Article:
U.S. Army Court of Criminal Appeals hearing held at School of Law

Lt. Col. Paulette Vance Burton, a 1993 alumna, speaks with a law student Anthony McCollum about her time at UofSCLaw.

For the second time in as many weeks, students at the University of South Carolina School of Law had an opportunity to go to a federal hearing. Or rather, the hearings came to them. On Jan. 18, the auditorium of the law school was transformed into U.S. District Court for the District of South Carolina, with the Honorable Joseph F. Anderson, Jr. presiding. On Jan. 25, it became the site of the United States Army Court of Criminal Appeals.

“It’s a great opportunity for students to observe a court hearing and ask questions about the differences between military and civilian court procedures, while observing attorneys present their cases,” said Jaclyn Cherry, associate dean for academic affairs. “A good deal of discussion is carried out before and after in the classrooms and contributes to both theoretical and practical learning.”

First-year law student Daquan Blyther agreed. “Today’s hearing was a great chance to be able to see what JAG is really like, outside of what I’ve seen on T.V.”
 
For Lt. Col. Paulette Vance Burton, it was yet another time South Carolina Law and the Army came together in her life. Burton graduated from the law school in 1993 and says walking through the doors for the hearing was “like coming back to where it all started.”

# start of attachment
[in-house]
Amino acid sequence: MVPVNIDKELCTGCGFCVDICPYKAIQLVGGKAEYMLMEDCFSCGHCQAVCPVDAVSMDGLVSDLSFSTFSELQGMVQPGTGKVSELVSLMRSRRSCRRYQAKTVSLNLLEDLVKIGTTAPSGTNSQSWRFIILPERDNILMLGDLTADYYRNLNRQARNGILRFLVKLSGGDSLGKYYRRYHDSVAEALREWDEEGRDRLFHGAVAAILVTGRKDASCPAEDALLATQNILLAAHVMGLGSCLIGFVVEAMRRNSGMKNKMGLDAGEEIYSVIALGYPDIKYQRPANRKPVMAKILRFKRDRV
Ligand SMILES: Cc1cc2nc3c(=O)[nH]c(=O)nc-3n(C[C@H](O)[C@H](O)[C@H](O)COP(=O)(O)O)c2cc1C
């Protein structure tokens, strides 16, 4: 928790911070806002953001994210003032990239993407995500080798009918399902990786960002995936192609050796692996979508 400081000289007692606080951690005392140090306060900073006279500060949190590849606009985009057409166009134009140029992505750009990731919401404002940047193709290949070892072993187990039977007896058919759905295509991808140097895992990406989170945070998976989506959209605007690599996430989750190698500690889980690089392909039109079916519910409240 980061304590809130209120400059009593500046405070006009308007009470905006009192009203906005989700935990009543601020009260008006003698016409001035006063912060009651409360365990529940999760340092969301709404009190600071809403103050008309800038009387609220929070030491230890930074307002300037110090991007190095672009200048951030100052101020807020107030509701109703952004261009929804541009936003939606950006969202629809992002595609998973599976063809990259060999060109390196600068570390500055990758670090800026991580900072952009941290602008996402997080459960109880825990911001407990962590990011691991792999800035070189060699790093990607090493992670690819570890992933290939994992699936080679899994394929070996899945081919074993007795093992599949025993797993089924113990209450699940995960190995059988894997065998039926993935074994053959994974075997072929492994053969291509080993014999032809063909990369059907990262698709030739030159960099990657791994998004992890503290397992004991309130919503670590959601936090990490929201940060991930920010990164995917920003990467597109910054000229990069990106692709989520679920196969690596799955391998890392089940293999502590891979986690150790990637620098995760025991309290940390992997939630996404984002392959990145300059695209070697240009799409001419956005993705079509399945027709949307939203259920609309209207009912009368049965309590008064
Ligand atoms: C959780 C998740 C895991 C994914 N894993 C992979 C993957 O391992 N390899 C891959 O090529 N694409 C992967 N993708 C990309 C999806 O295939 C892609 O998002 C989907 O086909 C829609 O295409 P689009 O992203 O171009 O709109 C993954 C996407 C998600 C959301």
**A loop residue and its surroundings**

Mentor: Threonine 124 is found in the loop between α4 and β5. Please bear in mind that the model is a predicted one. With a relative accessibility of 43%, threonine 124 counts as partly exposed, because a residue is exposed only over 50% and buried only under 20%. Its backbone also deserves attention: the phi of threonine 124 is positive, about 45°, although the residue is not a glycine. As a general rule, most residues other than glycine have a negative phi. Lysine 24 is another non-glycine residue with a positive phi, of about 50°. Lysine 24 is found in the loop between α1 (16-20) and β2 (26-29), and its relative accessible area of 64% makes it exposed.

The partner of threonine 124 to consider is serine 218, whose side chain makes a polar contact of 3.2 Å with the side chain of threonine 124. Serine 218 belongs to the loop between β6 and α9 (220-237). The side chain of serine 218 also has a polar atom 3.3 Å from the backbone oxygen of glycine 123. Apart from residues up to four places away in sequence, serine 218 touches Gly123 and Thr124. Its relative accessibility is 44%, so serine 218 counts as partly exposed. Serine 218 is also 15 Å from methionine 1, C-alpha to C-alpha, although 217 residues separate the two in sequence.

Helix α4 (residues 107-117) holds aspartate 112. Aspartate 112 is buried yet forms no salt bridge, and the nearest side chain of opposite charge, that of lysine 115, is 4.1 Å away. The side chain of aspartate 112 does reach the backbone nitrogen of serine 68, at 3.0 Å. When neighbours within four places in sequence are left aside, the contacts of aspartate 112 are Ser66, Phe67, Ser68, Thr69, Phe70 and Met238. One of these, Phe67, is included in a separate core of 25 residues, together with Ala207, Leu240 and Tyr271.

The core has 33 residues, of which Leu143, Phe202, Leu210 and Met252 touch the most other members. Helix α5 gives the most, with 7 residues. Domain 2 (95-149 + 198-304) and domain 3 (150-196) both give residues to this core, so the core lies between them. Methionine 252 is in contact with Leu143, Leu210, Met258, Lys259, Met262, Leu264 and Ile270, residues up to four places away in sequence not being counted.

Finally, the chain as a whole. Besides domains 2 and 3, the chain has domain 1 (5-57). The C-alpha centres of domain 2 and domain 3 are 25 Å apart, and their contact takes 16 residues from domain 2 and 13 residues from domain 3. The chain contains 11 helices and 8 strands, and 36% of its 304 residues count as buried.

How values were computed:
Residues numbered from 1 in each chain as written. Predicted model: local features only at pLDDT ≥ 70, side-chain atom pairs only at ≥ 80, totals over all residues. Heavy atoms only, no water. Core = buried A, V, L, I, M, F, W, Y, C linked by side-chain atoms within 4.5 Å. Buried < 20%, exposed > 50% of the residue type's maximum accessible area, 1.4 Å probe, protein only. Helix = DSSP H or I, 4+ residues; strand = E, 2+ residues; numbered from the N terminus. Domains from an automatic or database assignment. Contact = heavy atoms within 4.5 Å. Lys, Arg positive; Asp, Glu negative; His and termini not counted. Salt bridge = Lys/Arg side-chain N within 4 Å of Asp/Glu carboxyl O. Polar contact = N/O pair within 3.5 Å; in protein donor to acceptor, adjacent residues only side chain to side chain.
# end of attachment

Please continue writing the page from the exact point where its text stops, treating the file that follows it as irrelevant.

She recalls the experience she had as a student and how it shaped her for the better.
 
“When I came to USC, I already had a four-year commitment to the Army. I was going to just do my four years and get out. I met Pam Robinson in the Pro Bono Program and she really got me excited to be involved. I realized the work I was doing in the Pro Bono Program that really sparked my interest in public service is exactly what I was doing in the Army,” says Burton.
 
It’s that same dedication from faculty and staff that Blyther says makes him feel so confident in his decision to attend South Carolina Law.
 
“I feel like the faculty here really care about job security and the comfort of their students transitioning from school to the real world. This is just another insightful career event that the law school has offered,” says Blyther.
 
The Chief Commissioner, Maj. Laura Roman, says settings like this give a realistic look at the military justice system, something she’s proud to offer.
 
“It’s great to show that it’s a real court system. The quality of our attorneys and our captains and counsel shows the capabilities of a JAG attorney,” says Roman.
 
“I’m hoping students will see there is a future for them in the Army. The JAG Corps is a unique career opportunity, it is not your traditional legal track, but it’s an alternative track,” says Burton. “It’s an opportunity for them if they want this adventure.”

The School of Law is working towards hosting one more federal hearing in the auditorium during the spring semester. It will be the final hearing in the school’s current location before moving into its new home, where hearings will be held in the stately Karen J. Williams Ceremonial Courtroom, a centerpiece of–and one of several working courtrooms in–the new building.

Law students speak with members of the Judge Advocate General’s Corps, during a reception following the hearing held at the law school. JAG Corps members say the Army offers an alternative path for lawyers.